large bowls and cooking pots or large casserole dishes

Materials needed for dying wool

I should note that heat is required to affix the colors to your wool. I did this in two ways. The cooking pot way uses the stovetop and the casserole dishes use the oven. So decide what your preferred method of heat will be. I performed both the stovetop and oven methods, so that I could make more at once.

Okay, now we can begin the messy part. Start by pulling a large tuft of wool out, place that wool in a bowl or casserole dish.(Remember the bowl is for the stovetop method later and the casserole dish is for the oven method). Next we make our vinegar solution, the proportion is 1 quart water to 1/4 cup vinegar. Pour this solution over your wool. Make sure you pat the wool down into this solution and get it completely colored.  Once all your wool is soaking in this solution, let it set for about 2 hours. This is a process people. Be prepared to have your kitchen taken over if you are making a few colors!

covering wool with vinegar solution

Next pull out your trusty food coloring. I am making 8 different colors. Only seven are displayed, because the brown I am making a darker and lighter brown out of.

food coloring

Fill a measuring cup or glass with warm water and add some food coloring of your choice. If you want a deep color, add a lot of it. If you want a pale color, just add a bit. Then stir the food coloring until dissolved.  If using the OVEN method simply pour the warm colored water over the soaking wool.  Stir the edges ever so slightly to move the color around.   Make sure the color is covering all the wool. If the color does not cover the wool, just make up more color mix and add some more. Then place the casserole dish in the oven at 250 degrees for 1 hour.

adding color to your wool

If using the STOVETOP method, pour the excess vinegar off the soaking wool and into a pot. Then pour the warm colored water mix into the same pot. Bring the pot to a boil, and then add the wool. Let the wool heat for half an hour or so.

dying wool with food coloring

Be careful, with the food coloring. I went a little crazy and decided my hands were excellent utensils and just look what happened!

Food Coloring on Hands

After your wool has heated for the time listed above, it is time to check it. This part is fairly easy. Simply pull a little wool away from the edge of the vessel and look at the liquid in the pot/casserole dish. If the liquid is clear, the color has been completely absorbed and your wool is finished!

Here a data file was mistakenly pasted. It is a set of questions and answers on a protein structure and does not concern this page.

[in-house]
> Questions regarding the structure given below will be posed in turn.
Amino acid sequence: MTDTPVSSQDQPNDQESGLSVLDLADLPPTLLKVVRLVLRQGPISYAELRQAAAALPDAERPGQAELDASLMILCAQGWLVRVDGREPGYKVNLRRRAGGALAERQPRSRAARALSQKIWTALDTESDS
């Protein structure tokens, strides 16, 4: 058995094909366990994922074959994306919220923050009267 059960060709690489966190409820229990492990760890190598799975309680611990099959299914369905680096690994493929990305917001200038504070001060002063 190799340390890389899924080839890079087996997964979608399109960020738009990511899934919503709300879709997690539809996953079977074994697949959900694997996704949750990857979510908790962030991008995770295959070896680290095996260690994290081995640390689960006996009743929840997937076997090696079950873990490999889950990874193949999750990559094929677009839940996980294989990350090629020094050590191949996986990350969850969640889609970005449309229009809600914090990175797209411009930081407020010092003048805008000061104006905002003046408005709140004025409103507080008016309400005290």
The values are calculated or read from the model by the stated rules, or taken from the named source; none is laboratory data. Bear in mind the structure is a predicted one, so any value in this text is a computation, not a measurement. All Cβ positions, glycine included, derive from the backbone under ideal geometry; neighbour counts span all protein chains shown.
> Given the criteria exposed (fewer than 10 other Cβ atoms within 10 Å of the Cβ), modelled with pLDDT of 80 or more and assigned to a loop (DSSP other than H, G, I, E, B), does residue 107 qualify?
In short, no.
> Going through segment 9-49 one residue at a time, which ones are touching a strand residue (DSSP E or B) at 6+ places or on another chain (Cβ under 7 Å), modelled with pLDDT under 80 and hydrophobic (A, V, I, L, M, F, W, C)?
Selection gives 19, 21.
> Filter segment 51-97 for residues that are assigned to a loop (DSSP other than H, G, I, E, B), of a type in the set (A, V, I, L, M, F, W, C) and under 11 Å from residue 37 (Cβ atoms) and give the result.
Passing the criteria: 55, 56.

If it is not clear, more heat is needed. For the OVEN method, up the heat to 350 degrees and heat for 30 more minutes. For the STOVETOP  method, simply keep the pot heated for 30 more minutes. After this time, the wool will most likely not absorb any more of the color, so consider the wool finished.

In the pictures below, the purple wool is not ready and the yellow wool is.

checking the wool for color absorption

Once the wool is colored. Turn off the heat and allow it to cool in its vessel for about 20 minutes.

Then pull out your trusty strainer, pop your wool in and run cool water over it. This step is to get that vinegar smell gone, as well as to rinse off any color that didn’t take. Once the water coming out the bottom of your strainer is running clear, the wool is ready to dry. Just ring it out carefully, and place on a towel. You may have to swap the towel out after a few hours, as it gets pretty damp. Let it dry overnight, or possibly longer.

cool, rinse, and dry the colored wool

Once your wool is dry, if you notice color is coming off your wool and onto your hands(this is especially the case with black), simply rinse it again and let it dry. The black color, I dyed a few months back, took me days to get right!

Well that’s it, it is actually very easy. Your kitchen will be occupied for a while, but most of the time involved in this process is “waiting time”. So just be patient, your wool creations will be better for it! Now, I have a myriad of colors to choose from for my next projects.